Amado Guevara gets debacled by David Villa. Never thought I could cheer for the Spanish. (Photo by Streeter Lecka/Getty Images)
We Canadian soccer fans, east and west, have an annoying habit of blowing things up to proportions they don't rightly deserve.
Tonight, Toronto FC will take on C.F. Motagua in what the Toronto faithful are really hoping won't be a repeat of last year's debacle against the USL Division One Puerto Rico Islanders. The U-Sector board is abuzz with hope and excitement but also concern - more concern than one usually sees for, say, FC Dallas. The Voyageurs, never your best bet for sober second thought but always a good dipstick for the country's emotional oil, are burning with enthusiasm even absent the usual partisan napalm. On Twitter, Stretty Sam out-and-out calls it "a big match for Canadian soccer".
Listen, when you're relying on Duane Rollins to downplay the importance of a Toronto FC game, things are out of hand.
Of course, as a Canadian soccer supporter, it's in my interests that Toronto beat Motagua tonight. It's also in my interests that Toronto beat Real Salt Lake or the New York Red Bulls or pretty much any side that isn't another Canadian team (I'd probably take the Reds over the CSL's Serbian White Eagles, too). I'd quite like to see Julian de Guzman superkick Amado Guevara through the north stands into where the beer garden used to be, but that's pleasure rather than business. My usual Whitecaps fan schadenfreude at seeing Toronto lose to a team from a country with a GDP smaller than my shoe size would be dulled ever-so-slightly by the whole Honduras factor, but intellectually I should want Toronto to emerge with a credible win in the CONCACAF Champions League regardless of the opposition.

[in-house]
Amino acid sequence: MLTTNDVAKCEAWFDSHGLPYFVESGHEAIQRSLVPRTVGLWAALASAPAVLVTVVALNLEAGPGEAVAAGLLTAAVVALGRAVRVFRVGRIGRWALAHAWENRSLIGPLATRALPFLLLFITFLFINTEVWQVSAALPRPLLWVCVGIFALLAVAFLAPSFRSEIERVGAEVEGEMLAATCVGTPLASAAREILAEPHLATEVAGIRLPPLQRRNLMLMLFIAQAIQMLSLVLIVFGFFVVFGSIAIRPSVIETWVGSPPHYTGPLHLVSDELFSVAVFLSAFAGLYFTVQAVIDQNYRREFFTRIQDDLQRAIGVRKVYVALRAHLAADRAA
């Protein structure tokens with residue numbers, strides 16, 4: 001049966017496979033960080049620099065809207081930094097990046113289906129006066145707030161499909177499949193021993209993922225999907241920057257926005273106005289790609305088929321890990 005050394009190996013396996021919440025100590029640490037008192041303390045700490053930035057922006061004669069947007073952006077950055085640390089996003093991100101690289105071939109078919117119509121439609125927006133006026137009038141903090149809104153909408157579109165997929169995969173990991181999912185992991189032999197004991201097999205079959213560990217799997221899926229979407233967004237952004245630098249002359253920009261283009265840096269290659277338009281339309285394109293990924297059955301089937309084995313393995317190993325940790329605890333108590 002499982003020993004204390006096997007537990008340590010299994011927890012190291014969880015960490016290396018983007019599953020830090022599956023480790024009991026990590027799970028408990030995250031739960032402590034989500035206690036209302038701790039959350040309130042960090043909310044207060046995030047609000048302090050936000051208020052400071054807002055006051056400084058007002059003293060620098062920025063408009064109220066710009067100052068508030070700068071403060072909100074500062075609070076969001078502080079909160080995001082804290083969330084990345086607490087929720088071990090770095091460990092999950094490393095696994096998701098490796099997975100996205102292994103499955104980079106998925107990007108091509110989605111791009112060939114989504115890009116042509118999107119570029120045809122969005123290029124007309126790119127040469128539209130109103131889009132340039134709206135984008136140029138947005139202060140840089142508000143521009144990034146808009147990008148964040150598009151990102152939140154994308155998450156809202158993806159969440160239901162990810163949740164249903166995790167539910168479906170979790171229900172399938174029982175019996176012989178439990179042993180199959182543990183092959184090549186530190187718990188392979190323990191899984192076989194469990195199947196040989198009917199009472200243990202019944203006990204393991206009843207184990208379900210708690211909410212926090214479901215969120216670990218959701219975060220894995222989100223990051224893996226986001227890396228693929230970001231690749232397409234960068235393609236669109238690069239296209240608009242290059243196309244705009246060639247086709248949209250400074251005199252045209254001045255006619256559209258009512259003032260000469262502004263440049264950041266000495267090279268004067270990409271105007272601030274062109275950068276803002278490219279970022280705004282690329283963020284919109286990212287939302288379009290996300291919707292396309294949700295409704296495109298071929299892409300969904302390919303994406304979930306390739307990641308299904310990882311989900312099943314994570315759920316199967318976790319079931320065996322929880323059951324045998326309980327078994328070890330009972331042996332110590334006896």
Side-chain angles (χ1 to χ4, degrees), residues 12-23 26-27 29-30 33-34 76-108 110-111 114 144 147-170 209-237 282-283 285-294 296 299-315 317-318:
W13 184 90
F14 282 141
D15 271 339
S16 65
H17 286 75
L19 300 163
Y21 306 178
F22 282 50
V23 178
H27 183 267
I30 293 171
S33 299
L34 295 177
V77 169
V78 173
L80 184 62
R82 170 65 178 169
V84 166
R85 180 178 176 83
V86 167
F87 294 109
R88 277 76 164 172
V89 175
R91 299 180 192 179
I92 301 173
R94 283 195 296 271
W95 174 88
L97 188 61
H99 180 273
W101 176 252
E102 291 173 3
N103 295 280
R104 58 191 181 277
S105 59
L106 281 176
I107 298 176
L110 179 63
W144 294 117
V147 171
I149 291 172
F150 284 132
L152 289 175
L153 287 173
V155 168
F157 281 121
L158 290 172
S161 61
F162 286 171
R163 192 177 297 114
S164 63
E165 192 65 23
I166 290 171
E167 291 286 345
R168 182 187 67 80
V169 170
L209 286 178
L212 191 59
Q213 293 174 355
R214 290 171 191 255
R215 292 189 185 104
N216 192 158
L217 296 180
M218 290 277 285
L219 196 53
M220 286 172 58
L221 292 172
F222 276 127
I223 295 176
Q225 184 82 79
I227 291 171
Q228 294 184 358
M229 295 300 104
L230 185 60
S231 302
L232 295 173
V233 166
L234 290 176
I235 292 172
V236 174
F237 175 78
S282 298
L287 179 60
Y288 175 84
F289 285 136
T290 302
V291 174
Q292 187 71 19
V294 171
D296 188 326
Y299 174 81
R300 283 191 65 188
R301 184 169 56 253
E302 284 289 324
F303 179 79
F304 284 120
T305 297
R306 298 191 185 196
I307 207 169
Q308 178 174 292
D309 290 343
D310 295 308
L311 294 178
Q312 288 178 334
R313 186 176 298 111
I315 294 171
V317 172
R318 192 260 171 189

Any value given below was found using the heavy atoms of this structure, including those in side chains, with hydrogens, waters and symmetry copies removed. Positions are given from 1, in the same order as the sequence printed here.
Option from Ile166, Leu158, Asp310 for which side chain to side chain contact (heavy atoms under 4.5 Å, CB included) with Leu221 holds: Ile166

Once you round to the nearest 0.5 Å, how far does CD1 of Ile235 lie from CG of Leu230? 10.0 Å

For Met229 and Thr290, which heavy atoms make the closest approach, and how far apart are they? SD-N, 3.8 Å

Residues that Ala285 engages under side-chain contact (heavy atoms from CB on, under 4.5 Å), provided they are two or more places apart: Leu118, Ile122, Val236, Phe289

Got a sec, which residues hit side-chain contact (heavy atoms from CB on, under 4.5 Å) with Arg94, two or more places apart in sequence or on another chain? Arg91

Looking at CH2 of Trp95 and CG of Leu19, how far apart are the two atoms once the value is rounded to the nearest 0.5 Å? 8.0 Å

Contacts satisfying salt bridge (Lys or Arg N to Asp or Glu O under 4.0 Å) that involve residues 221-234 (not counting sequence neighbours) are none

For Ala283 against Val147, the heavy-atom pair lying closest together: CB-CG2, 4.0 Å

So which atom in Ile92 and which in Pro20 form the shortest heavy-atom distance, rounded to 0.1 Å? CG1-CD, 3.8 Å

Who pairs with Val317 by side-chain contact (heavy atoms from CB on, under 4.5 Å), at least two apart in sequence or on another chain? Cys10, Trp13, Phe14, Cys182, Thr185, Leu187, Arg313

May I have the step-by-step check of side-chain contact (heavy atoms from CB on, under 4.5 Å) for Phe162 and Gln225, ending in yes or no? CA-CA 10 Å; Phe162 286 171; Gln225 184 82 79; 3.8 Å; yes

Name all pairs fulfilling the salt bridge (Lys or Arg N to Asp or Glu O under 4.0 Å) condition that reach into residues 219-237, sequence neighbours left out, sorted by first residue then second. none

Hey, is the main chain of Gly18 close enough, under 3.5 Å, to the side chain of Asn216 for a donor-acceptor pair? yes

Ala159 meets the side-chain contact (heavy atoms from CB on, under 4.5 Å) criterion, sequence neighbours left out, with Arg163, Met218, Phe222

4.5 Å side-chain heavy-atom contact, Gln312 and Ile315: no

(You may have noticed that soccer partisanship is not the most intellectual of activities. I know, I know. Bear with me.)
Now, as we know Toronto has a bad history with this tournament. They got over 20,000 fans out to their first ever continental match, more than twice the next-best attendance total that round, and lost 1-0 in what I can safely call the worst game of soccer ever played. The loss to the Puerto Rico Islanders, a team in the same North American pyramid as Toronto FC and therefore mathematically certain to be inferior, devastated the Toronto and Canadian sports scenes to such an extent that over 20,000 fans are expected tonight for a game against a team that sounds like a discount tequila label.
I feel a little dirty praising Toronto FC fans for their support, but the joy is that Canadian soccer fandom has moved beyond the point where a single game can break us. Indeed, if we survived the Montreal Impact's Thích Quảng Đức job against Santos Laguna, and Toronto's two years missing the playoffs, and Benito Archundia, and Benito Archundia again, and pretty much everything about Canada's last World Cup qualification campaign, we've probably been past that point for some time. Toronto could lose by a converted touchdown and it wouldn't mar the Canadian soccer landscape that badly. Moreover, if Toronto wins, they'll be doing their job and who will be impressed? It would take an awfully long run and maybe a few flares in the Skydome for the Champions League to weigh down the bandwagon with new support.
If you're a Toronto fan, your team may have a very specific stain to scrub off its honour and godspeed to you in that. For the rest of us, don't try and tell me that cheering on the FC is a matter of national priority. We're not infants anymore. We can survive a little fall down the stairs.